Time to decide

dying with dignity

In his recent book Die Wise, Stephen Jenkinson makes the point that, “Dying is not what happens to you, it is something that you do.” In other words, dying is an action, a process that calls forth our participation and considered decision-making.

In the light of the proposed assisted dying legislation, which the Victorian state parliament will vote on before the end of the year, I would like to express a viewpoint that comes from my personal experience and hopefully provide some content for further discussion.

I am a Uniting Church minister who has served as a school chaplain for over 35 years. During that time, I have sat with scores of parents, staff members and students who have been diagnosed with terminal cancer, many of them in palliative care facilities. I have witnessed them gasping for breath as, under sedation, they struggle to finish the last few days of their lives.

In May 2016, my dear wife Catherine had a brain tumour operation after a Stage 4 GBM diagnosis. Following the excision of the tumour, she endured the standard treatment of six weeks of radiation and chemotherapy and then six months of chemotherapy. One can only marvel at the skill and commitment of surgeons and medical staff in these medical interventions.

Catherine is now into her 17th month of her journey of dying. The radiation burnt untold number of brain cells close to the tumour and chemo was accompanied by months of fatigue and nausea.

Recently, Catherine has undergone a further brain operation to implant a shunt in her brain to relieve fluid pressure, which has been the cause of her lack of mobility on her left side and the loss of her short-term memory. Further to this operation, she had a bleed on the brain that has further exacerbated her deteriorating movement on her left side. She is currently in a rehab facility trying to regain some of her movement.

Today we live in a death-phobic and grief-illiterate society. We hand over our care to the medical and health professionals and dull our pain with anti-depressants and painkillers. This is not to denigrate those professionals, but often it nurtures the view that death is something that happens to us rather than something that we do.

In my last parish placement, I conducted over 50 funerals and I ask myself, what did I do apart from conducting the funeral and offering pastoral care to the family? What did I do to help those who were terminally ill to die wisely?

Jenkinson writes: “Dying is not the collapse or the eclipse of wisdom. It is the sum of a soulful life. It dares and pleads with all professionals and volunteers and family members and neighbours to be partners and championing the great worthy project of dying wisely and well.”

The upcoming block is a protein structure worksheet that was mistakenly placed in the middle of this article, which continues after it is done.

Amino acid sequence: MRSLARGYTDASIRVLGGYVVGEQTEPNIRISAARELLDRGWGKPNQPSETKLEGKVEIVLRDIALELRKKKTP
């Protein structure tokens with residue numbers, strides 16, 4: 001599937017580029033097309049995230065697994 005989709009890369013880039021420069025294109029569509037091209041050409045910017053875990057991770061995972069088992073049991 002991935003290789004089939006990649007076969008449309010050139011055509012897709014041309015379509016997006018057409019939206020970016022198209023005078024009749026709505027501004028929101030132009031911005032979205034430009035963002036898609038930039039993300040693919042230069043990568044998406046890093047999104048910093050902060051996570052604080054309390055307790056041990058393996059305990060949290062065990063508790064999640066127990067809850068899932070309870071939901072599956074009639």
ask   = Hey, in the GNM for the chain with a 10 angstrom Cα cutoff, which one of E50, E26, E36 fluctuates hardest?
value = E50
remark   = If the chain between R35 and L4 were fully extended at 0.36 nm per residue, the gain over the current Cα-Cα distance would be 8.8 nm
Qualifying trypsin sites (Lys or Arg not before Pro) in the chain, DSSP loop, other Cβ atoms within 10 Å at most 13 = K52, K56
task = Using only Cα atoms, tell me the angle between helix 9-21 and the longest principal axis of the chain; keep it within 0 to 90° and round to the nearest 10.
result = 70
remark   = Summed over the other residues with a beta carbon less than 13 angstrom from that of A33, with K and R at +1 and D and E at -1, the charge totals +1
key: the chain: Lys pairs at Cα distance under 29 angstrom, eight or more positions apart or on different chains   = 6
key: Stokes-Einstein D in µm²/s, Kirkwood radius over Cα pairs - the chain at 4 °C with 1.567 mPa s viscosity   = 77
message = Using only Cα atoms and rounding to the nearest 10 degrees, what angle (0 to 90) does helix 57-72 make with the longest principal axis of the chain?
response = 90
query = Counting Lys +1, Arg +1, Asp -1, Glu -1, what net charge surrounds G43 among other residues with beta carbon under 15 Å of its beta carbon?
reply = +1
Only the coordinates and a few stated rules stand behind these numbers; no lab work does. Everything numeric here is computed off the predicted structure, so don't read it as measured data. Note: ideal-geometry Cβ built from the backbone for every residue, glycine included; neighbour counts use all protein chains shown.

At some stage in the future, Catherine will be in palliative care and we will face the more focused issue of ‘more time’ and what that means to a person who has a terminal illness.

The medical and health professionals offer interventions designed to give the patient more time. But what does ‘more time’ mean for the patient and for their loved ones?

Does it mean more time for medications to ease suffering and pain? Does it mean more time for further operations? Does it mean more time for family members to endure distress as they watch their loved one dying?

And what does ‘more time’ mean for the patient? To languish longer in a hospital bed or a high care residential facility?

Over the years I have heard ‘more time’ euphemistically referred to as, ‘live each day as it comes’, or ‘get your affairs in order’, or ‘try to enjoy life the best way you can’. It seems to me that ‘more time’ bears no resemblance to any aspect of life a person has experienced before.

For a person with a terminal illness, ‘more time’ means more time to live into their dying.

For Catherine, it does not mean more time to walk the dog, to see movies, to eat out, to enjoy travelling. And of course, there is the existential question of what meaning do we give to more time in these circumstances.

I honestly do not know what I would do if and when Catherine’s condition reaches the parameters of the assisted dying legislation.

I know that I would not want Catherine to have ‘more time’.

Rev Peter J Burnham

Ex-chaplain Wesley College

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